By Brian Thomas
On June 21, 2016

With today’s release, creating custom responsive websites in Muse is easier and more expressive. Scroll effects are now available for responsive sites on breakpoints set to fixed width. A new vertical move handle helps you work more efficiently by moving large groups of items at once. Under the hood, we’ve introduced efficiencies that can help increase the Google Page Speed ranking of your sites.

We’re also excited to introduce support for Muse within Adobe Comp CC as a new way of bringing your ideas to life. Comp CC allows you to create your layout anywhere, anytime on iPad and iPhone. Starting today you can finish these layouts in Muse and turn them into responsive websites! Download Adobe Comp CC and try it out by using the new “Send to Muse” button. See the whole workflow in action in this video tutorial.

These are just a few of the improvements in today’s release. For a detailed list check out our release notes. If you’re new to Adobe Muse, start your free trial today.

Creative Matchup

In case you missed it, to celebrate the release of responsive design in Adobe Muse CC in February we challenged two exceptional designers to create responsive websites. For both Hydro74 and Ashley Heafy it was their first project with Muse and we pitted them head to head competing to create the best site for a surprise client. The catch? We only gave them only 4 hours for the entire project – from their first meeting with the client to publishing a finished site.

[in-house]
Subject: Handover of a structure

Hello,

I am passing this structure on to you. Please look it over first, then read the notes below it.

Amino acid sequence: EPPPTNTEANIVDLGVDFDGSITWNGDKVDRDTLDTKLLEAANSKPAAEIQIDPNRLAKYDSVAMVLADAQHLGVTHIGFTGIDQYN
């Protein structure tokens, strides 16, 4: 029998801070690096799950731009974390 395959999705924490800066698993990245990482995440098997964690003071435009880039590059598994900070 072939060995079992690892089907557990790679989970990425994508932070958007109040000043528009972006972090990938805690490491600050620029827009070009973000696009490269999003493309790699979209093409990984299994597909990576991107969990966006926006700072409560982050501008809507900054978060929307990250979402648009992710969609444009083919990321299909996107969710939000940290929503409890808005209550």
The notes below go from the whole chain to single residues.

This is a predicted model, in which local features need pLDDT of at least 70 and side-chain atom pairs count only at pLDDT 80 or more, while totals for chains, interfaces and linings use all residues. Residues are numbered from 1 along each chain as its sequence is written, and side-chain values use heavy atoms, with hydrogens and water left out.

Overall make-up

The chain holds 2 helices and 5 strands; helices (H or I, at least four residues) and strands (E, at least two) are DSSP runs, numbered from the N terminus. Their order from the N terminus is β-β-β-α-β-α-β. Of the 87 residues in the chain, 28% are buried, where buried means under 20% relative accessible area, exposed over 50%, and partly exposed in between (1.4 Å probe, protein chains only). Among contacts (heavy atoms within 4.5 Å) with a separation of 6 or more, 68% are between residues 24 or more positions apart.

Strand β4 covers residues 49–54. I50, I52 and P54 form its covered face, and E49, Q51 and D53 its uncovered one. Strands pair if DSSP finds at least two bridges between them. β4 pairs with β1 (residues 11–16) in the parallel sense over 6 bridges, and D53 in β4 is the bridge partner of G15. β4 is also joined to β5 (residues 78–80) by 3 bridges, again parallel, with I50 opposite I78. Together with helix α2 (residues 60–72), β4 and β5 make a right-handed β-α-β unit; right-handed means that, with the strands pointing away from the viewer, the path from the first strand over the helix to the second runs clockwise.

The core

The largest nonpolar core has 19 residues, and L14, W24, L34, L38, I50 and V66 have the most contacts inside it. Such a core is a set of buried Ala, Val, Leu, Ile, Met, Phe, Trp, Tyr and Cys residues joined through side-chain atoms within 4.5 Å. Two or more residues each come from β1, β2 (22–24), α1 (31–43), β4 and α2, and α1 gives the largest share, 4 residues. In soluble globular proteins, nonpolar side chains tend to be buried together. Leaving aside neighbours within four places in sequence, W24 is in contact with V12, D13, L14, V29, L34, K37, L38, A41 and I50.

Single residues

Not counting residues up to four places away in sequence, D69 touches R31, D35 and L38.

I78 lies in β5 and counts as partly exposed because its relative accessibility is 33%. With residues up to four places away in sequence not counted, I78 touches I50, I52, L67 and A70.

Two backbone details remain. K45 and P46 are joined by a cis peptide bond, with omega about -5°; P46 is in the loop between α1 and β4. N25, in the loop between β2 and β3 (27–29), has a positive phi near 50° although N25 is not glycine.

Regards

We teamed up with the fabulous group over at Fiction and produced Creative Matchup, a series of two videos to tell the story of this clash of two design titans. Check them out!

Part 1:

Part 2:

Decision to Drop Support for Internet Explorer 8 and 9

As on ongoing process we evaluate browser usage trends and improve Muse output to take advantage of the capabilities of modern browsers while preserving your design intent on all popular browsers. Microsoft ended support for Internet Explore versions 8 and 9 in January of this year and usage has fallen low enough that we’ll no longer be testing the HTML output from Muse on these browsers. This decision enables us to make significant improvements to the code Muse creates.

As always, let us know what you think on the Muse forums.


  • By Umut - 10:49 AM on June 21, 2016  

    competition has been great 🙂

  • By Akülü Sandalye - 10:49 AM on June 21, 2016  

    competition has been great

  • By Karl Hudson - 2:41 PM on June 21, 2016  

    “I was able to spend 15 minutes or so taking new pictures to use on the site”

    This is EXACTLY what is wrong with the design industry and why clients refuse to pay for high end work…

    I saw on an Adobe website that you can change stuff like dead quick… SMH